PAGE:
Please enter your email address to receive a password reminder.
Log into Tax-News+
Sen. Chuck Grassley, (R - Iowa) ranking member of the Committee on Finance, has expressed alarm over a new government report which has revealed just how vulnerable taxpayer data contained on employee laptops is to theft, fraud and other criminal abuses.
The report by the Treasury Inspector General for Tax Administration (TIGTA) found that hundreds of IRS laptop computers and other computer devices had been lost or stolen, employees were not properly encrypting data on the computer devices, and password controls over laptop computers were not adequate. TIGTA concluded that as a result, "it is likely that sensitive data for a significant number of taxpayers have been unnecessarily exposed to potential identity theft and/or other fraudulent schemes."
The report prompted harsh criticism from Grassley, the senior Republican on the Finance Committee, who commented that: “Thieves are very good at mining sensitive data for their own end. One stolen IRS laptop could put thousands of taxpayers in jeopardy. It’s hard to see why this is still a problem when the IRS knew about it more than three years ago."
The Finance Committee plans to hold a hearing this week to examine the issue of identity theft and fraudulent tax returns.
"I plan to ask what the IRS is doing to fix this problem for good," Grassley added.
The TIGTA report shows that theft of IRS computer equipment potentially containing sensitive information on thousands of taxpayers is running at alarmingly high levels. Between January 2, 2003, and June 13, 2006, IRS employees reported the loss or theft of at least 490 computers. A large number of IRS laptops were stolen from employees' vehicles and residences, but 111 incidents occurred within IRS facilities, where employees were likely not storing their laptop computers in lockable cabinets while they were away from the office.
While TIGTA said that it found limited definitive information on the lost or stolen computers, such as the number of taxpayers affected, a separate test on 100 laptop computers currently in use by employees determined 44 laptop computers contained unencrypted sensitive data, including taxpayer data and employee personnel data.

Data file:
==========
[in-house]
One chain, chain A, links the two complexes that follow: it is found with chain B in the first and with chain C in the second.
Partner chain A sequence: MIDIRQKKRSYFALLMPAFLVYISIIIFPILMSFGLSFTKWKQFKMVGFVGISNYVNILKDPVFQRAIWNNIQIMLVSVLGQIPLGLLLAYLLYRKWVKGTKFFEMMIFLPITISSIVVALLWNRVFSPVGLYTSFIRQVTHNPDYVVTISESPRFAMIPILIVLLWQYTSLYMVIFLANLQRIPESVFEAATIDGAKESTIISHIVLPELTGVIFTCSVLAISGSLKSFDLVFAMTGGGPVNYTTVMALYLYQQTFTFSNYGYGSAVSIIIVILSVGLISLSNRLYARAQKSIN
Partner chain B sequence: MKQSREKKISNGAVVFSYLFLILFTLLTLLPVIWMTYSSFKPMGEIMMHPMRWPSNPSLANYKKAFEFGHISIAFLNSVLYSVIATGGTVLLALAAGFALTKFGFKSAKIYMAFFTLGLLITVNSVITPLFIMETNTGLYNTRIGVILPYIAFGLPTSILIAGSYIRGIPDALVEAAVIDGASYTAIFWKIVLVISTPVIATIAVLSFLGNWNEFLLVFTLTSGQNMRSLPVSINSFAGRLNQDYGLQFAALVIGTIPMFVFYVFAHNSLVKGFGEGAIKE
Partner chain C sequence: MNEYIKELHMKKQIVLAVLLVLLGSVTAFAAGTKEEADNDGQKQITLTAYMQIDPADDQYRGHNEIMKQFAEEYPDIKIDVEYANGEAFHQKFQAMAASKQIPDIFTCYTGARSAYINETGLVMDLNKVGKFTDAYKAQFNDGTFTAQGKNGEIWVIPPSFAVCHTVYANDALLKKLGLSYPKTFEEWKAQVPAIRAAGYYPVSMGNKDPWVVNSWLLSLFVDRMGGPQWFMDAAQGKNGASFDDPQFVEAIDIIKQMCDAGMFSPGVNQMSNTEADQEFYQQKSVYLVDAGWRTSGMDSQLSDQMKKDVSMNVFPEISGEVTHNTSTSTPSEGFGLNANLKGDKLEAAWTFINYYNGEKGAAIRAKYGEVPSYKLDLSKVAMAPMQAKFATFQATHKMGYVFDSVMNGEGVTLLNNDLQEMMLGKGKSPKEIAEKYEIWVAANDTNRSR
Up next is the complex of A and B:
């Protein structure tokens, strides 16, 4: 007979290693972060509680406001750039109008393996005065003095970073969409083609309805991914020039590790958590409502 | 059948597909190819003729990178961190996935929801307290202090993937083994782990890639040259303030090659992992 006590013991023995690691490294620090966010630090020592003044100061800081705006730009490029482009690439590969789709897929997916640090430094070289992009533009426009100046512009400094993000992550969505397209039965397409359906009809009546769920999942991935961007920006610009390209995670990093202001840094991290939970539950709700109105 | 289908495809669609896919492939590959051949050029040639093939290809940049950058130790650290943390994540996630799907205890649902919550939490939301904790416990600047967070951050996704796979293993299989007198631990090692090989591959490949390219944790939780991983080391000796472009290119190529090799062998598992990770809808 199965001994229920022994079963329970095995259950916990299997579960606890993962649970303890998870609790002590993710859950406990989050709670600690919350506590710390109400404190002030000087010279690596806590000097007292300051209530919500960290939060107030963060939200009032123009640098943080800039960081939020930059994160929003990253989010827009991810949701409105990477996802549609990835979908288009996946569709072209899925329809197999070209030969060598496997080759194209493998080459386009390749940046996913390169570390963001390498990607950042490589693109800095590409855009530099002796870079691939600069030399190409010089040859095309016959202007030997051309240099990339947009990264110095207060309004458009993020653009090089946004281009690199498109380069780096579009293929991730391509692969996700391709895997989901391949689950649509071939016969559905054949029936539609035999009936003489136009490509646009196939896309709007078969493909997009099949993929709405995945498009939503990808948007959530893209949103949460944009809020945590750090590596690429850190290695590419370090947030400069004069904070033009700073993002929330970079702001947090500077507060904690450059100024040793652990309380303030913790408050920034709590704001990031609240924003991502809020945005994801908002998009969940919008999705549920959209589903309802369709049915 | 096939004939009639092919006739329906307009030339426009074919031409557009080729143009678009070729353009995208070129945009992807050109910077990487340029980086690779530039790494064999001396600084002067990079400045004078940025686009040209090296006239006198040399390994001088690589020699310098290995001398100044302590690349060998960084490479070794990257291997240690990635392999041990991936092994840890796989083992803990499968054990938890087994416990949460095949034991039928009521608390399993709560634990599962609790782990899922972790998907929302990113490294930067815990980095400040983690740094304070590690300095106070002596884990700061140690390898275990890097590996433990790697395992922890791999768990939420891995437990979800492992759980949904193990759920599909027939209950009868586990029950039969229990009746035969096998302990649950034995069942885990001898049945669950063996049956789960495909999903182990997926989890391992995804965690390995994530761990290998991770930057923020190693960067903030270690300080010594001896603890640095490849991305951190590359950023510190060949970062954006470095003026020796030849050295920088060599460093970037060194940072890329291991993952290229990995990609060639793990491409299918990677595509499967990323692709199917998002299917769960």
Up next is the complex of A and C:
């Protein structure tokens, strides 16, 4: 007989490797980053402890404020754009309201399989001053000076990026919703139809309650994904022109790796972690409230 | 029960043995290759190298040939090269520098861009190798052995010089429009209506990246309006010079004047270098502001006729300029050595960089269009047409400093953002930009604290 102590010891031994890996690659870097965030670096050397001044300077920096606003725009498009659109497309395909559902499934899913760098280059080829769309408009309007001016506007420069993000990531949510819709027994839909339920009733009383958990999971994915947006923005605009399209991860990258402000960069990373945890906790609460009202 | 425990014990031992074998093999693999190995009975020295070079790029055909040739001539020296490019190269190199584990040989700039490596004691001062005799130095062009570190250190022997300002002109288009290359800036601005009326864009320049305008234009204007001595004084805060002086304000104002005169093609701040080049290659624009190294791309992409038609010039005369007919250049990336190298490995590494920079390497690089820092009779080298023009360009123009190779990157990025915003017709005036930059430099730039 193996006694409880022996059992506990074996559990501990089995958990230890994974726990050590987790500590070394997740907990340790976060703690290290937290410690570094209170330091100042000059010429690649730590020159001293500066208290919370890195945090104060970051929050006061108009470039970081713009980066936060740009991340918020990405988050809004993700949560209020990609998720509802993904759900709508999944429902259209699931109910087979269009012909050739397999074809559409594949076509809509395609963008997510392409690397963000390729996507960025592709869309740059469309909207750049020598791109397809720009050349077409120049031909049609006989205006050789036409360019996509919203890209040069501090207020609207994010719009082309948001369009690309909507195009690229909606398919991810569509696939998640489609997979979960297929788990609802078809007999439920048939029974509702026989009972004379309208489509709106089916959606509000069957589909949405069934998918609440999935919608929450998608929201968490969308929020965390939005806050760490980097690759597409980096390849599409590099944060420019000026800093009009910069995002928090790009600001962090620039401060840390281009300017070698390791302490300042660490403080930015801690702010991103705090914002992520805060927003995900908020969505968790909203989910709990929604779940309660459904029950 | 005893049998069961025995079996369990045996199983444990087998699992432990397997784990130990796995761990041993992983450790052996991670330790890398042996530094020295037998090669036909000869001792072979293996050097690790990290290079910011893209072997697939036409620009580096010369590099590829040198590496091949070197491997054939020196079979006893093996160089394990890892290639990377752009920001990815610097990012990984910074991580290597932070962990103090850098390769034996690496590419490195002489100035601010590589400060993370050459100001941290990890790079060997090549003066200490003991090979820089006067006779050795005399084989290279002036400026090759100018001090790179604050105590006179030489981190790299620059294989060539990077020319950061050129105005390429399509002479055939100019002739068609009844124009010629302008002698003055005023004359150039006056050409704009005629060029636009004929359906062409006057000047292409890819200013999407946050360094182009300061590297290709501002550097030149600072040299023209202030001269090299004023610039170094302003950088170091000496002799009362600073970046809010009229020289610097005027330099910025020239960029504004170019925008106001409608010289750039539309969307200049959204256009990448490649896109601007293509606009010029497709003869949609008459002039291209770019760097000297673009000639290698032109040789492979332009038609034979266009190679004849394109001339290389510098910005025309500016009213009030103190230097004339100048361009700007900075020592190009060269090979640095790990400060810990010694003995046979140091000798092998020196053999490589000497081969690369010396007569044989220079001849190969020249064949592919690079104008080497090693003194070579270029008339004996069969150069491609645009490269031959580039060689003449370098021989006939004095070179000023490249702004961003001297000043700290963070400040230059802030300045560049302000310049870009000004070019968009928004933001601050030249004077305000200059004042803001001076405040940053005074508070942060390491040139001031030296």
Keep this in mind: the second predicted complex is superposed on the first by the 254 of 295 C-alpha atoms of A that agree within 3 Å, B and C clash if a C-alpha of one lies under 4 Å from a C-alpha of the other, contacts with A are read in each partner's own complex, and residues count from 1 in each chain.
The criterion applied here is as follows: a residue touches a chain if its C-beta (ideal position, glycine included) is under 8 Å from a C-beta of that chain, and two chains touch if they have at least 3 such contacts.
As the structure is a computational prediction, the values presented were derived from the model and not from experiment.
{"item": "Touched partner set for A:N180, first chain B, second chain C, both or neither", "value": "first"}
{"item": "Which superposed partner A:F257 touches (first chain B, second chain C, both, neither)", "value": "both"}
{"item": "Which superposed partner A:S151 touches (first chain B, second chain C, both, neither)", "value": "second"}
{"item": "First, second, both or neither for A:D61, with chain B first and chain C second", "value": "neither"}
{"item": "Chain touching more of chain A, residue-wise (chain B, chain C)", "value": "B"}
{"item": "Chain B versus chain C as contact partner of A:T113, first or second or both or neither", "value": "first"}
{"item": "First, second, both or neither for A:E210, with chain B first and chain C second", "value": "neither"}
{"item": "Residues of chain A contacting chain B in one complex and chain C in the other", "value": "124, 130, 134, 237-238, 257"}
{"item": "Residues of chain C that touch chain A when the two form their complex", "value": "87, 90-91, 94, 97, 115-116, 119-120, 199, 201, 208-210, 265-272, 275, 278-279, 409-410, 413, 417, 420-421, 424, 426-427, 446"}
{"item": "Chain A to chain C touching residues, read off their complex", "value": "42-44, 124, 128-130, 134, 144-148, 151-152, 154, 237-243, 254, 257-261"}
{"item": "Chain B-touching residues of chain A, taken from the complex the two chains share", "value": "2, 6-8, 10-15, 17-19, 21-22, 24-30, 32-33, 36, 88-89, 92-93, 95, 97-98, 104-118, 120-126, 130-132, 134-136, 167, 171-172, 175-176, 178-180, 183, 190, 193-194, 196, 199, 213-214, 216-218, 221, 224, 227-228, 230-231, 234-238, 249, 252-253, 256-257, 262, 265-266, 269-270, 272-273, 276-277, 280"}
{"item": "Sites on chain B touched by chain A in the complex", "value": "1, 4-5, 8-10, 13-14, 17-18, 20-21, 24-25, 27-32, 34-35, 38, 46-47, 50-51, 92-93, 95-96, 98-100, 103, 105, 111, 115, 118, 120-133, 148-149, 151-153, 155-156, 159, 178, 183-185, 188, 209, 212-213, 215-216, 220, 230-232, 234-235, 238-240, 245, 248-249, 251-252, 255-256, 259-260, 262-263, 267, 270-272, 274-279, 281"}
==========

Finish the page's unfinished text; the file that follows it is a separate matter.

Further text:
"As a result, we believe it is very likely a large number of the lost or stolen IRS computers contained similar unencrypted data," the report said.
According to TIGTA, employees did not follow encryption procedures because they were either unaware of security requirements, did so for their own convenience, or did not know their own personal data were considered sensitive. The investigation also found other computer devices, such as flash drives, CDs, and DVDs, on which sensitive data were not always encrypted. Despite similar findings in 2003, TIGTA said that the IRS had "not taken adequate corrective actions" to reduce the problem.
TIGTA also evaluated the security of backup data stored at four offsite facilities and found that data was not encrypted and adequately protected at the four sites. For example, at one site, non-IRS employees had full access to the storage area and the IRS backup media. Envelopes and boxes with backup media were open and not resealed. At another site, one employee who retired in March 2006 had full access rights to the non-IRS offsite facility when TIGTA inspectors visited in July 2006. Also, inventory controls for backup media were found to be inadequate.
"We attributed these weaknesses to a lack of emphasis by management," the report concluded.
IMPORTANT NOTICE: Wolters Kluwer TAA Limited has taken reasonable care in sourcing and presenting the information contained on this site, but accepts no responsibility for any financial or other loss or damage that may result from its use. In particular, users of the site are advised to take appropriate professional advice before committing themselves to involvement in offshore jurisdictions, offshore trusts or offshore investments.
All rights reserved. © 2017 Wolters Kluwer